Weaver's Week 2001-08-21

Weaver's Week Index

21st August 2001

Iain Weaver reviews the latest happenings in UK Game Show Land.

THE CHARM OFFENSIVE (ITV, Saturday 11 / Sunday 19)

Four people are given five minutes of prime-time television to explain why they should get a prize, and fill the time with a video of their friends and family singing their praises. Ulrika Jonsson (fresh from Dog Eat Dog) doesn't so much host the show as simper around, introducing each clip and doing nothing to earn her fee.

I'm reminded of those brief chats that Davina has with the family of the potential evictees on Big Brother, where Uncle Reg pleads for us to keep his nephew in the house, when we've already made up our mind that he's out. I'm reminded of party political broadcasts, too. Fascinating to those involved in the minutiae of the vote, completely dull to everyone else in the country, and shown in the middle of prime-time.

There is a second show on Sunday a week later, in which people will call up (at national rates) or go to the web site, or write in, and spill the beans about the contestant. After this, there will be a phone vote, and the winner collects the dough.

To be honest, this is a complete pup of a show. The first show is less interesting than watching paint dry. So dull it made Oblivious seem like heavyweight intellectual fare.

The main problem is that, for tedious legal reasons, the shows have to be pre-recorded, so that lawyers can go through them with a fine toothcomb and remove any juicy bits. Er, potentially defamatory claims. If the show were live, and over in one evening (perhaps one hour with the result later) it could have a future.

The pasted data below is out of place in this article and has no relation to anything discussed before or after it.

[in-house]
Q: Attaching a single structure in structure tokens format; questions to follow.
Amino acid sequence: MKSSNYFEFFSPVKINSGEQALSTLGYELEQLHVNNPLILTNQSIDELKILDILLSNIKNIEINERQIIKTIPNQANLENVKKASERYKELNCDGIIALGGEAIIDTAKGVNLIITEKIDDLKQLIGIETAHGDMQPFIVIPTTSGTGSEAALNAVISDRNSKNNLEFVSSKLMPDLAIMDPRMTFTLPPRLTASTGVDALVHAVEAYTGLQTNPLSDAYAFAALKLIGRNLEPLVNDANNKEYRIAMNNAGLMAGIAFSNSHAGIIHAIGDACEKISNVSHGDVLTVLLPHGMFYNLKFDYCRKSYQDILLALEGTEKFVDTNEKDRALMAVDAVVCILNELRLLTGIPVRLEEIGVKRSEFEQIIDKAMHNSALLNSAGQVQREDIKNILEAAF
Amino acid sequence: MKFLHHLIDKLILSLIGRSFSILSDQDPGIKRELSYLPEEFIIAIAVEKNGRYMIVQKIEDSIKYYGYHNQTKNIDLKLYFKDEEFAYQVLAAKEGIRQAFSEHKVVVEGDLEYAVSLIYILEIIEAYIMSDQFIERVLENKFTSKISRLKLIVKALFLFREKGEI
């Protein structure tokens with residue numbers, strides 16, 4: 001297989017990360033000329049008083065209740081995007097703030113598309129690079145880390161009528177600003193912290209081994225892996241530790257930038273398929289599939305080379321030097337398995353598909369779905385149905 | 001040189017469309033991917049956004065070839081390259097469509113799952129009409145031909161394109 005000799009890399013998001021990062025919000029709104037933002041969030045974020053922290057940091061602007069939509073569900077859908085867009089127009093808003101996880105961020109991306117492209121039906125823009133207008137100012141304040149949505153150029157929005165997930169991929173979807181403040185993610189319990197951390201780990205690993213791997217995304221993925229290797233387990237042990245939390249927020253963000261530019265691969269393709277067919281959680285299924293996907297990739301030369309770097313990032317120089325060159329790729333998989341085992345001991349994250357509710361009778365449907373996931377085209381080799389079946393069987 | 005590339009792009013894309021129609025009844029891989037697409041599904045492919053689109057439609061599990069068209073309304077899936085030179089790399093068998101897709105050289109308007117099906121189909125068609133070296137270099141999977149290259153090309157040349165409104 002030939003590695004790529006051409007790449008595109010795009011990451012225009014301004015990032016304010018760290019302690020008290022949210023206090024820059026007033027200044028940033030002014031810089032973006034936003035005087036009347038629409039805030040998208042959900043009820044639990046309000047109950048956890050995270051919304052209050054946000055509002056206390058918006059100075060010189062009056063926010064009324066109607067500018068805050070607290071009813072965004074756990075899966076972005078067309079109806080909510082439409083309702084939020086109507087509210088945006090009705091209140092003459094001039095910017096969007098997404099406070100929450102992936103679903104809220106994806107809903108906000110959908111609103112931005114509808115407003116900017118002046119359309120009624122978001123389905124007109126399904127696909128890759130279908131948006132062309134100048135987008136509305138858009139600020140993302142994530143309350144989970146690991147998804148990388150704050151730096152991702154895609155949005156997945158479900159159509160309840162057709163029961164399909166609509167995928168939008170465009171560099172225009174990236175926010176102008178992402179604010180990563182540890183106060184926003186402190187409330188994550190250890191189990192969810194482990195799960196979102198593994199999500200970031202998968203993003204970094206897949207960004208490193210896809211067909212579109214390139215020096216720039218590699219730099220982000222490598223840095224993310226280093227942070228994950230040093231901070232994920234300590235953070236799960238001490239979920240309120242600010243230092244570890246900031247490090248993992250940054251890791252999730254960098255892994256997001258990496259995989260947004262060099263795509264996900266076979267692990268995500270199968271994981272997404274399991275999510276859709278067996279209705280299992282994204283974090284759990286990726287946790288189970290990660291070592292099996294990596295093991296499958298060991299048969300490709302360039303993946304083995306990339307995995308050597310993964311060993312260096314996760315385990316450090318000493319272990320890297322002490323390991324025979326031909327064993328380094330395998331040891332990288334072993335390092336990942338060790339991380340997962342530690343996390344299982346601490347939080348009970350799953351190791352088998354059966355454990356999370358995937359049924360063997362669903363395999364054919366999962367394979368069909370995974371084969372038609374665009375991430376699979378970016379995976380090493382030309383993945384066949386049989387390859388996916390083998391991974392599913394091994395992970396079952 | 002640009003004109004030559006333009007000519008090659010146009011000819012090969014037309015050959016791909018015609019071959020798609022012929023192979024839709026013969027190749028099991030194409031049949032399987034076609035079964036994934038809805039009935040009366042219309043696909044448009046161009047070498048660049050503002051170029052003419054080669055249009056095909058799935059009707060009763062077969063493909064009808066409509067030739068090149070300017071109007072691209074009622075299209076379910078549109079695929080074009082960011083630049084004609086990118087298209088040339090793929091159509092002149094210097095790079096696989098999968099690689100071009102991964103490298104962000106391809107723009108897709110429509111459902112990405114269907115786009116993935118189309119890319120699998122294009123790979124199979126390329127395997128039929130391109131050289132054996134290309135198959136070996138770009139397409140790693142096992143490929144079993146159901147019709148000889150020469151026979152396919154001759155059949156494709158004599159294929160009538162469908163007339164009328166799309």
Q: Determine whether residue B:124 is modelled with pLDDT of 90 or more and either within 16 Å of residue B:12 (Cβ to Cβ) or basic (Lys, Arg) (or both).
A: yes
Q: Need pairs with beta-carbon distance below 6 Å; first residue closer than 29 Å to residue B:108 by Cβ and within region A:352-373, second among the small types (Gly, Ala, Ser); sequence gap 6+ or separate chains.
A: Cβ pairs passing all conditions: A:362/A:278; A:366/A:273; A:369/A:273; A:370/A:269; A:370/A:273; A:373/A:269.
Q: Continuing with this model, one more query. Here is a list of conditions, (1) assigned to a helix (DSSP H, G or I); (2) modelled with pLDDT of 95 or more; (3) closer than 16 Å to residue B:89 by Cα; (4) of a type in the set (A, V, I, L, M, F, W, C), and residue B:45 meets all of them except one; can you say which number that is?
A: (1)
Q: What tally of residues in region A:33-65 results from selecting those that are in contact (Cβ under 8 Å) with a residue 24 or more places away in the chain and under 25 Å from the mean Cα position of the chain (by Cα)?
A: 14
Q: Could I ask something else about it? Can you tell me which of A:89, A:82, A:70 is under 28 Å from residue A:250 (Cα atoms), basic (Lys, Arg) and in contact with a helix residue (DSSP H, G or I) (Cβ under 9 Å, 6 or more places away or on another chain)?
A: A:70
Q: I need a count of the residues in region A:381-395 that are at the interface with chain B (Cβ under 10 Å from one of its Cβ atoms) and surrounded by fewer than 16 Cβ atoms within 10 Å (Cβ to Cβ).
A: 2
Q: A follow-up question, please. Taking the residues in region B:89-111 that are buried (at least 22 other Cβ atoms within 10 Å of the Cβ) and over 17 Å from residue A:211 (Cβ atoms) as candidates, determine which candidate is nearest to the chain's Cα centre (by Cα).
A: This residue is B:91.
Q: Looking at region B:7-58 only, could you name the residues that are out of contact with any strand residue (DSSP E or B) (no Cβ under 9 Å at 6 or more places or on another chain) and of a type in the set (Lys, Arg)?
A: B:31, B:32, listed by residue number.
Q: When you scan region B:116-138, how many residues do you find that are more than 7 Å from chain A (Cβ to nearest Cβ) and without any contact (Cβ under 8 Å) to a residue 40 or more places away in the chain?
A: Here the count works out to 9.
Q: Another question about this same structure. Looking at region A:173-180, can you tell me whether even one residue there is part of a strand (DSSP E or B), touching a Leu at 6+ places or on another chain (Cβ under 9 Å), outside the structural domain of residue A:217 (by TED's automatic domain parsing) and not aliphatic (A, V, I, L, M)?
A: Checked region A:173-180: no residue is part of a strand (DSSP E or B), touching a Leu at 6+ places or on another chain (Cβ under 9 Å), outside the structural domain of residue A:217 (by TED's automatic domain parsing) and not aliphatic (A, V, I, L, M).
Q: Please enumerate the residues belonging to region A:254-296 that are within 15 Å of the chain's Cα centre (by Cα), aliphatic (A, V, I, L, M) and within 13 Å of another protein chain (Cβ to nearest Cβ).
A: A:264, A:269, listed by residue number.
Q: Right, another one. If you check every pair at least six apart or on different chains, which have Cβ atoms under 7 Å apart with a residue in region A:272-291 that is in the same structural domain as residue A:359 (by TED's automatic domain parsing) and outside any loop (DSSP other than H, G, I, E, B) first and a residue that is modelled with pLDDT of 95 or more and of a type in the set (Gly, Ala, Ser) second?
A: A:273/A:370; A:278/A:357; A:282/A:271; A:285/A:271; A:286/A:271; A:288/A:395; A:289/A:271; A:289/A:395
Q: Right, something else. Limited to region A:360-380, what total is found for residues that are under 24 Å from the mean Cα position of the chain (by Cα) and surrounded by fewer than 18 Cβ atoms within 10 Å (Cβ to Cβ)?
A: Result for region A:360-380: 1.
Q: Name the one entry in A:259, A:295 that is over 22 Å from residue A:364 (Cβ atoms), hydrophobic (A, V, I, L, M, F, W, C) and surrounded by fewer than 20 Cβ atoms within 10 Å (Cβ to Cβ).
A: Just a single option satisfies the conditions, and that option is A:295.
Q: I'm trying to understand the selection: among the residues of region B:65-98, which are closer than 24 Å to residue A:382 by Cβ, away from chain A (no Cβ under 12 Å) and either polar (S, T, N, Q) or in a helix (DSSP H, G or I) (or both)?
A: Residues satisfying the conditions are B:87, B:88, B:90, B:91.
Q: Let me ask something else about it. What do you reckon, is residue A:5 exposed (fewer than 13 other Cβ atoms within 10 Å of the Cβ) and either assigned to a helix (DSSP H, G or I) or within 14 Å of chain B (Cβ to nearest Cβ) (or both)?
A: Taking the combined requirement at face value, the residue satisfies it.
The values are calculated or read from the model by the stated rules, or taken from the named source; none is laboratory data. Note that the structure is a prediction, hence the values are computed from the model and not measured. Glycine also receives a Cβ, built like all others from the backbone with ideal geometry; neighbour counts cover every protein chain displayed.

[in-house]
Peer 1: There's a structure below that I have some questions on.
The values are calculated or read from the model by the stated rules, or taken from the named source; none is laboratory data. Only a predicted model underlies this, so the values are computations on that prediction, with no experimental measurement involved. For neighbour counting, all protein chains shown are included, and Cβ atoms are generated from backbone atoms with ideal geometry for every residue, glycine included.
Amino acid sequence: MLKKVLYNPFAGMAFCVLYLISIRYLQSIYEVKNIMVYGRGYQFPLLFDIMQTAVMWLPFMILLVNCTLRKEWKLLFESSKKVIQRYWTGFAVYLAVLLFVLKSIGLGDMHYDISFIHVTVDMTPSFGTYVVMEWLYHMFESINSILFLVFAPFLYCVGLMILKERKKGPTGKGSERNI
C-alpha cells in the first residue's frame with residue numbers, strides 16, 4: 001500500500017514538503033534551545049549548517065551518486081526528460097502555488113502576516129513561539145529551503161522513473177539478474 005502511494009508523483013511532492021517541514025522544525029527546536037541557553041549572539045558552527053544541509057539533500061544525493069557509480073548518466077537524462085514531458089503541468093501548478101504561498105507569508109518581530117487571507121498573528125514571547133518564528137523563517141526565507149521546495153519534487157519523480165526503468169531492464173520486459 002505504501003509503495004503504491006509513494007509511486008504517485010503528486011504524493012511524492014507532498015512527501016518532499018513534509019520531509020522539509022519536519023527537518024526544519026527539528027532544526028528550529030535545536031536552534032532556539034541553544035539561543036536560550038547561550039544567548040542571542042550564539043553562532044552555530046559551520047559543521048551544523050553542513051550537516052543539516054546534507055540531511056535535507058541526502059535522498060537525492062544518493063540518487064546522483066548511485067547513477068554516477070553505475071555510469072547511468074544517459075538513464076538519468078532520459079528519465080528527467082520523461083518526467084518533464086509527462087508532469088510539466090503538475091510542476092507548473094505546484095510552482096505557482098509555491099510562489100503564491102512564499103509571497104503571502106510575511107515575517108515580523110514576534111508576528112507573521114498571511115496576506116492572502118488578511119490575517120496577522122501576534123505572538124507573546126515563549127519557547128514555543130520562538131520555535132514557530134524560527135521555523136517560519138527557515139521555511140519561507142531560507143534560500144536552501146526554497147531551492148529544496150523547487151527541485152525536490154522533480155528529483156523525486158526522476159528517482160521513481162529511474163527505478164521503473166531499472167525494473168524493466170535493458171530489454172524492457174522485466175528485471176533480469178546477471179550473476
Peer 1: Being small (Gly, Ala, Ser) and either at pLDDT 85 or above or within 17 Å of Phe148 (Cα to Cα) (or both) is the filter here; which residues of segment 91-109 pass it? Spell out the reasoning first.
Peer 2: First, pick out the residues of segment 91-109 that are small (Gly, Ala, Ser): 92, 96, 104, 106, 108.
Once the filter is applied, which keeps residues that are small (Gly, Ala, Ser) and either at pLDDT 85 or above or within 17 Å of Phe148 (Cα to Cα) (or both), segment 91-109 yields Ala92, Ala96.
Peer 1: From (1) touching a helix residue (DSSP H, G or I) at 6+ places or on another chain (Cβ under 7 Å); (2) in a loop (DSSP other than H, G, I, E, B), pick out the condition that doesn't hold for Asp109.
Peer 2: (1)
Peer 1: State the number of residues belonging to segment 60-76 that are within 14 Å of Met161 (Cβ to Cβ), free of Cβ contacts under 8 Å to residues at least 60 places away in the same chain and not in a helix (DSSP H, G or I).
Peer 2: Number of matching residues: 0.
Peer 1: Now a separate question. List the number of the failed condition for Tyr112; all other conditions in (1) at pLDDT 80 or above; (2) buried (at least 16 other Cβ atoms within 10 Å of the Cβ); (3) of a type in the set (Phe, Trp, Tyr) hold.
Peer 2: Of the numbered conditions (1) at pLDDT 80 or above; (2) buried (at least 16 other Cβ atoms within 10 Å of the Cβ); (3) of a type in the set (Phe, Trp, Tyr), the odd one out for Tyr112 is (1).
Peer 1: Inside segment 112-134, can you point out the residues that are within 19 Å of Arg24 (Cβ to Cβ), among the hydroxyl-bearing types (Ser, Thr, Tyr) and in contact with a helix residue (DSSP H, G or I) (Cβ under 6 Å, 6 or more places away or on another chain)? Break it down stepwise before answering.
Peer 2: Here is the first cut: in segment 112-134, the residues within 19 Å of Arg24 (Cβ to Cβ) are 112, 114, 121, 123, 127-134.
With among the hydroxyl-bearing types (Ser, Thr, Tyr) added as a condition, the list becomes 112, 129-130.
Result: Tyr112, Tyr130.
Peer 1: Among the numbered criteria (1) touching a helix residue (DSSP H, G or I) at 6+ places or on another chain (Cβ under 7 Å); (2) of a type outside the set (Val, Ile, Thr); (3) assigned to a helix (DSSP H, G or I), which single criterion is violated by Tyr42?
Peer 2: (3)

As it stands, this is probably the worst networked show I've seen all year. It made Touch The Truck seem interesting.


From an intellectual lightweight to a real heavyweight.

SALFORD beat the Royal Academy of Music in the 2000 first round, falling to local rivals UMIST in the second.

LEICESTER appeared the previous year, beating City on a tie-break, Selwyn Cambridge by a mile, before being soundly beaten by Oriel Oxford in the quarters.

A slow game, there appear to have been many questions edited out as the first picture round comes as the 4th starter - it's usually around the 8th. Leicester is comfortably ahead, but Salford pull back well in the second quarter. Salford finally takes the lead just before half time, thanks to captain Marc Hudson's buzzing. It's one way traffic after that, Salford winning 155-130.

Noteworthy: Hudson's score - 8 starters, one penalty, 91 points. Also that Leicester got nine starters right, but just 8 of 26 bonus questions. That, I think, is where they went.


Correspondent Jackie M notes that The People Versus is cutting the prize for a winning question from £100 to £50. Perhaps it's a cost-cutting measure, perhaps it's a sign of faith that the producers have plenty of questions for future episodes.

New episodes of Weakest Link Daily this week, on BBC2 at 1715. We start on Monday with the Welsh Special, arising from insults that country took when host Anne Robinson appeared on Room 101. (See report March 10.) Don't be confused by The Real Weakest Links (BBC1, Wednesday 2000) which consists of Paul Merton looking at things that went wrong, and is not a profile of the contestants who totally blobbed on (T)WL.

Just two episodes of Countdown this week, Tuesday and Wednesday.

MASTERMIND is to return to the television screen, four years after its last appearance. The BBC production will air on the Discovery Channel, and be hosted by Clive Anderson (host of Whose Line Is It Anyway?)

DEFECTORS (Challenge TV, weeknights)

Again, a full review on the UK Game Show site explains the format. Four members of the public attempt to convince the audience to trust them on general knowledge. They score points based on correct answers and how many people like them. Repeat for a few rounds, eliminate people during the game, until we have a winner.